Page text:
At the time, Becerra’s office said it would launch an investigation, but in an email to The Times last week, the office — now run by Atty. Gen. Rob Bonta — said it could not comment on the investigation or confirm whether it exists, citing a need “to protect integrity.” Court and Borenstein both said the status of the investigation is unknown.
In May 2020, the attorney general’s office filed a lawsuit against two energy firms, Vitol Inc. and SK Energy Americas Inc. At the time, the office wrote that the “companies allegedly took advantage of [the] 2015 Torrance Refinery explosion to launch [a] scheme to raise gas prices statewide for their own profit,” ultimately “costing consumers more at the pump.”
In 2020, consumers also filed a string of lawsuits alleging price fixing and other improper activity by the two companies and a third, SK Trading International Co., that were combined into a single class-action suit.
Vitol and SK Energy Americas did not respond to requests seeking comment on the lawsuits.
Borenstein provided context on the increase in prices in his 2020 blog post. He explained that the mystery gasoline surcharge first appeared in the wake of the 2015 blast at an Exxon Mobil refinery in Torrance that injured four workers and resulted in $566,600 in penalties against the energy giant, and that it has persisted ever since.
Before the explosion, “California gasoline prices were higher than elsewhere in the U.S. by an amount that on average reflected the well-known taxes, fees and other cost factors,” he wrote. Gas prices spiked after the blast, but “unlike previous spikes, this one never disappeared. In 2015, it cost California drivers an extra $6.7 billion.”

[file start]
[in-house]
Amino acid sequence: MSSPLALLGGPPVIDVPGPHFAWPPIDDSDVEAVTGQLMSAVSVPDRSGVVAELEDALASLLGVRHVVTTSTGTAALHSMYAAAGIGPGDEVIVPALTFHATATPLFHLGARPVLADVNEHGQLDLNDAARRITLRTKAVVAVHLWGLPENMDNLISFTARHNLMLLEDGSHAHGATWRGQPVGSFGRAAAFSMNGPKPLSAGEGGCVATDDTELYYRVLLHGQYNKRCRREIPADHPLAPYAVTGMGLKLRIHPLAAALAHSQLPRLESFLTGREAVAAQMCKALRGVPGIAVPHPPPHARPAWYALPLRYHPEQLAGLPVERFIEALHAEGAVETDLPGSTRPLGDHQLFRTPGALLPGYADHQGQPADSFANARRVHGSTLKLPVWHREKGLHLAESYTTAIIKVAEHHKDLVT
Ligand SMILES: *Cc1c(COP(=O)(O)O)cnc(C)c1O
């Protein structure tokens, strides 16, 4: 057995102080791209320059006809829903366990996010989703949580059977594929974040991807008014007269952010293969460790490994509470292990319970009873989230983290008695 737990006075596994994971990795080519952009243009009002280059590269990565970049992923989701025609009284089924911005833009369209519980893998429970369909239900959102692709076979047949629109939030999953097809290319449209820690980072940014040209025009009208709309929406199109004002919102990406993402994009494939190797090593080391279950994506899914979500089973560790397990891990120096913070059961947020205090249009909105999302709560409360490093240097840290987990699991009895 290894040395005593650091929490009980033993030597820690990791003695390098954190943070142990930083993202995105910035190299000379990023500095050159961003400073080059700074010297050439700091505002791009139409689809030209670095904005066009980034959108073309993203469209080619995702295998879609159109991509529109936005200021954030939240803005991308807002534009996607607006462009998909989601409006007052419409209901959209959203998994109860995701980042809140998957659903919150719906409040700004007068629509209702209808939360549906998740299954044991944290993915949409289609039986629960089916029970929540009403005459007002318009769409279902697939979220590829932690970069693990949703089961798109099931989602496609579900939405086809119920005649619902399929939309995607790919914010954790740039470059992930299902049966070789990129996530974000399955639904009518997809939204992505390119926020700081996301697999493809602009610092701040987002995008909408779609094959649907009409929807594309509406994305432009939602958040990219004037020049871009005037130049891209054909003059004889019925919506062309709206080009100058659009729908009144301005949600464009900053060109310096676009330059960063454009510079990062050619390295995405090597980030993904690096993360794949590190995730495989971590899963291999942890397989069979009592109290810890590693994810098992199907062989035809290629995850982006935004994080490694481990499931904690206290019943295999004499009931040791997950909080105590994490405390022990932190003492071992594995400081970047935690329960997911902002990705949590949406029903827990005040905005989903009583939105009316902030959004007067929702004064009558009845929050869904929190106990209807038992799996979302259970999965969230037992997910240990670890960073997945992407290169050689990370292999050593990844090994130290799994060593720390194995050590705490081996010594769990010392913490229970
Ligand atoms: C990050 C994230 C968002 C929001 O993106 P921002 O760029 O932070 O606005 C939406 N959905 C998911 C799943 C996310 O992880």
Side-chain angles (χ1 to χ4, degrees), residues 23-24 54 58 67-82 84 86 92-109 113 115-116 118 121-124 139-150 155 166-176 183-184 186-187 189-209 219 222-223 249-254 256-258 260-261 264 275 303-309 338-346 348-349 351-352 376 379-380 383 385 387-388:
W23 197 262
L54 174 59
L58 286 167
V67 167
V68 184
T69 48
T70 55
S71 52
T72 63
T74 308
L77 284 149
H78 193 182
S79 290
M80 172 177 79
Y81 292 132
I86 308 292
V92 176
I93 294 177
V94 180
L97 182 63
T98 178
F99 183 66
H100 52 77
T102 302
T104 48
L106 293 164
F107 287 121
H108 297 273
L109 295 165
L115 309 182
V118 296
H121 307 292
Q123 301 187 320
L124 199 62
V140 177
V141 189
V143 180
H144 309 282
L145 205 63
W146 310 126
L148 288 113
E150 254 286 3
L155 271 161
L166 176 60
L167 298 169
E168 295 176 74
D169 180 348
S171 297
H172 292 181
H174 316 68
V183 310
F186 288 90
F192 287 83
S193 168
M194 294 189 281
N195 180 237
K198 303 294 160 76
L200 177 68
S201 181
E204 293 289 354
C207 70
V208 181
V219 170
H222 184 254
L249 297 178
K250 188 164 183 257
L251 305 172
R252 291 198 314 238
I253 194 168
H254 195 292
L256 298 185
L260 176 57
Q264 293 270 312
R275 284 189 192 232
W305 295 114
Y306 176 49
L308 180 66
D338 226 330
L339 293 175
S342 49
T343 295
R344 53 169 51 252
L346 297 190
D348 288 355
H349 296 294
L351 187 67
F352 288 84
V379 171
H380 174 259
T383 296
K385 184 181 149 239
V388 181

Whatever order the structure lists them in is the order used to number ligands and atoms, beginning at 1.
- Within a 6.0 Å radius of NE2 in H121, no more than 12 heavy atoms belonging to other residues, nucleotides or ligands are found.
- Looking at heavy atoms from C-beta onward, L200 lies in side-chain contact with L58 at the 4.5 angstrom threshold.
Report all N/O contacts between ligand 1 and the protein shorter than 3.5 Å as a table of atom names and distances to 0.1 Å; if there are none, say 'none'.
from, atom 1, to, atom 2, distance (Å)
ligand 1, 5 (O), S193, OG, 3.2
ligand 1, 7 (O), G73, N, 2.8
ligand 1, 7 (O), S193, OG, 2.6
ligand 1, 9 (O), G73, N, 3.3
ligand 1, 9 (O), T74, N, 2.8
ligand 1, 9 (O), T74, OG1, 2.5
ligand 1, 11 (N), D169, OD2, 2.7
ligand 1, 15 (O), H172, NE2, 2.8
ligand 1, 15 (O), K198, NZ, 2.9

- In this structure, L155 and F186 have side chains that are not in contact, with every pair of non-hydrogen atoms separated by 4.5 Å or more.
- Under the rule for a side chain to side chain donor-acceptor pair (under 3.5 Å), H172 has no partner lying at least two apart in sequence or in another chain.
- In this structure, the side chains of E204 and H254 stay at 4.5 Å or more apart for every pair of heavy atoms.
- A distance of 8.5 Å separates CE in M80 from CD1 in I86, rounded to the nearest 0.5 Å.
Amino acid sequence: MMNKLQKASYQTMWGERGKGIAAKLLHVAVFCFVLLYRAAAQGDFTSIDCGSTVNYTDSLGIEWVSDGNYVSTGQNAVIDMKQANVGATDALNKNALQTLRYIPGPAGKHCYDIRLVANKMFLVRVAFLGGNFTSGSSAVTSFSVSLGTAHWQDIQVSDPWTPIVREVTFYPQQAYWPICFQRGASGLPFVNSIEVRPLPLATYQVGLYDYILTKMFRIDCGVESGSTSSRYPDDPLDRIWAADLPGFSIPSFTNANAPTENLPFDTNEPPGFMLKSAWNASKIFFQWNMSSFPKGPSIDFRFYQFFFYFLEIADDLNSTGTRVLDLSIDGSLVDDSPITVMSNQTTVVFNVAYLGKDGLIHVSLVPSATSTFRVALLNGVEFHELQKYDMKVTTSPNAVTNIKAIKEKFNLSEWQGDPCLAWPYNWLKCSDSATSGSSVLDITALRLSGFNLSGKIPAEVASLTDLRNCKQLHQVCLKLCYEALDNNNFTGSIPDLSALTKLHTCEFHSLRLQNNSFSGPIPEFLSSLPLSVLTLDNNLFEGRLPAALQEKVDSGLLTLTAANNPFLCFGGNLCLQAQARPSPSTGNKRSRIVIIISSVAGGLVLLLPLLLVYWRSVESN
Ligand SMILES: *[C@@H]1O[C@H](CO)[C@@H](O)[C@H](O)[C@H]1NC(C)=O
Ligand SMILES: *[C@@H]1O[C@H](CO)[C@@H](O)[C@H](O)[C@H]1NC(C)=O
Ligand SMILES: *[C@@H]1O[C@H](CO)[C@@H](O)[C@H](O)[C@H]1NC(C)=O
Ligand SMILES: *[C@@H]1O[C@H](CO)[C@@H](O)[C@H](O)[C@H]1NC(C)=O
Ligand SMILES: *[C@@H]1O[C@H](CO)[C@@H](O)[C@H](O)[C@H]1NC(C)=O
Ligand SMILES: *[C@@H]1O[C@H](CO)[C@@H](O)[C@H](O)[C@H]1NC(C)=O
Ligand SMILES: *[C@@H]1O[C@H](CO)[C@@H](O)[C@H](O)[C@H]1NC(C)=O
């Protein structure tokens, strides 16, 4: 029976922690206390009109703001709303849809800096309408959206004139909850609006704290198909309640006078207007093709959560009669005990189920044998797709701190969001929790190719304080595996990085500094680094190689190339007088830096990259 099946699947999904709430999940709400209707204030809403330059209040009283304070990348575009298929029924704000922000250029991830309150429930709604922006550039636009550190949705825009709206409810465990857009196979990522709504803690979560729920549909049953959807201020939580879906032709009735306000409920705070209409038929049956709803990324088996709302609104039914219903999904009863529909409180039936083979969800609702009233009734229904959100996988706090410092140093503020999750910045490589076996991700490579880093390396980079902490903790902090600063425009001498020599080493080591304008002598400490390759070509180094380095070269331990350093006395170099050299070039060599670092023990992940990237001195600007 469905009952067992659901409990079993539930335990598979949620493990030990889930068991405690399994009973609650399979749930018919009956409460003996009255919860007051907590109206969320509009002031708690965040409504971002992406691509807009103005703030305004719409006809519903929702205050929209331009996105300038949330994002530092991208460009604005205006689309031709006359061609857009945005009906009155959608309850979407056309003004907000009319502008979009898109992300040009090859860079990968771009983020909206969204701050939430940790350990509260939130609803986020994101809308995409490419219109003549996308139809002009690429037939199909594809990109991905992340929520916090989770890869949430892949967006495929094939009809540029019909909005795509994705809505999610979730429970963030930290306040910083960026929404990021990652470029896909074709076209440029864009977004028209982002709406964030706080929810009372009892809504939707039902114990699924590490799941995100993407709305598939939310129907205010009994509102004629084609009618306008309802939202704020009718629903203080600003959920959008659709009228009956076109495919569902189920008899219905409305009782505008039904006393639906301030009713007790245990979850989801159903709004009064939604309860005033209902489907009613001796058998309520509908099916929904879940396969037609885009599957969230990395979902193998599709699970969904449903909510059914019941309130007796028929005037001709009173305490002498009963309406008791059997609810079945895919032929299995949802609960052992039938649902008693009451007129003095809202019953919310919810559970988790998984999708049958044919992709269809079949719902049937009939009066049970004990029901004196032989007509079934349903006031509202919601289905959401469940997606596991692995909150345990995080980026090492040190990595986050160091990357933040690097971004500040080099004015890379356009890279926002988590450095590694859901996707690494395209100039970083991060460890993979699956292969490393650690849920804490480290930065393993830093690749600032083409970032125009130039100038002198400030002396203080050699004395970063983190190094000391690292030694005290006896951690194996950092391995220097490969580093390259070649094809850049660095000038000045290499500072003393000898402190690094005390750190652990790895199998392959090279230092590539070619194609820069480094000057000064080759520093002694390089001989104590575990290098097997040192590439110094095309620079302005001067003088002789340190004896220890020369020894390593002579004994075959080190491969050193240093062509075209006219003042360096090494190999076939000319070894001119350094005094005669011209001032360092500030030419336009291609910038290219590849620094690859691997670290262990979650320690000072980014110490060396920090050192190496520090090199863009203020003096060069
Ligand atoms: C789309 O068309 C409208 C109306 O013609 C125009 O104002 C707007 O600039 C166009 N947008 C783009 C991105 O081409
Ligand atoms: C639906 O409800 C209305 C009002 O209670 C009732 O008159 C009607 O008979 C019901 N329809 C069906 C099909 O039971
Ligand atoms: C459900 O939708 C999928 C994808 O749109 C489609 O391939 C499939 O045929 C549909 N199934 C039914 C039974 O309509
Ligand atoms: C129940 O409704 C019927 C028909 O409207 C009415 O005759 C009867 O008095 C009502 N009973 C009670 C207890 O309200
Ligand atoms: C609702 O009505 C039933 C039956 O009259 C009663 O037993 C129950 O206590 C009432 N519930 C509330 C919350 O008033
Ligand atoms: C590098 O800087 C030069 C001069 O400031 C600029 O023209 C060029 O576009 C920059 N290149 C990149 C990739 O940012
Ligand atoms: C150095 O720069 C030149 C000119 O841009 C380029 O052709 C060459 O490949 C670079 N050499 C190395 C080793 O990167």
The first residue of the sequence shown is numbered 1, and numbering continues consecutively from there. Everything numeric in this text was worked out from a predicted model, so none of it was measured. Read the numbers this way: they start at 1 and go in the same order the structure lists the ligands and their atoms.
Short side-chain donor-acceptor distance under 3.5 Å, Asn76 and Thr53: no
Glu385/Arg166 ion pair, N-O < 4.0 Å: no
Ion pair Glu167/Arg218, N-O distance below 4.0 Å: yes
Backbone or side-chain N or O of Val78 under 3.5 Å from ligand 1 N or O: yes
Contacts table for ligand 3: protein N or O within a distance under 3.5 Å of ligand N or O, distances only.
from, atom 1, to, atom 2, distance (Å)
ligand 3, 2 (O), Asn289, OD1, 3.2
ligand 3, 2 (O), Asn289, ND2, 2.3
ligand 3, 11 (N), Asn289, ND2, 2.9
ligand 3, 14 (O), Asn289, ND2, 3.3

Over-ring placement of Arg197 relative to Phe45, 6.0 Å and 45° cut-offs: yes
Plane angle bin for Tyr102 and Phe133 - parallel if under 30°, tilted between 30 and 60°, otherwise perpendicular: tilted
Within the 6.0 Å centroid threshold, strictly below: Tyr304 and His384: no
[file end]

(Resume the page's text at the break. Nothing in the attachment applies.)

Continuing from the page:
The “fundamental problem” driving both California’s elevated gas prices and the premium at name-brand stations, according to Court, is that “when you have five refineries controlling 96% of the gasoline, you don’t have many options because when they squeeze you can’t do anything but wiggle.… They control the price at the pump.”
On Friday, state Sen. Ben Allen (D-Santa Monica) announced legislation to require refiners to publicize how much they pay for crude oil, how much it costs to refine that oil, and the amount of profit they make per gallon of gas they sell.
During a joint news conference with Consumer Watchdog and the California Public Interest Research Group on Friday morning, Allen, who drafted the bill, said data on how the oil and gas industry prices gasoline are “a big black hole.”
“What we’re trying to get at is what’s behind this mystery gas surcharge,” Allen said.
Kevin Slagle, a spokesman for the Western States Petroleum Assn., said in an email Friday that the organization was “still looking at the bill and may have more specific objections” to it in the coming days.
"[A]ny examination of costs at the pump,” he said, “should start with looking at California’s regulatory and tax environment.”
The hope for the legislation, Court said, is that such data would help officials and observers to determine how much profit the companies are making off high prices at the pump, and potentially help reveal any price fixing or other improper activity that may be taking place.
He cautioned that “it’s very hard to prove a price-fixing case” but said that if the legislation passes and refineries are found to have been taking too much profit, “we can claw it back with an excess profits tax. We can do a lot of things if we can understand how much it costs for them to produce the gasoline.”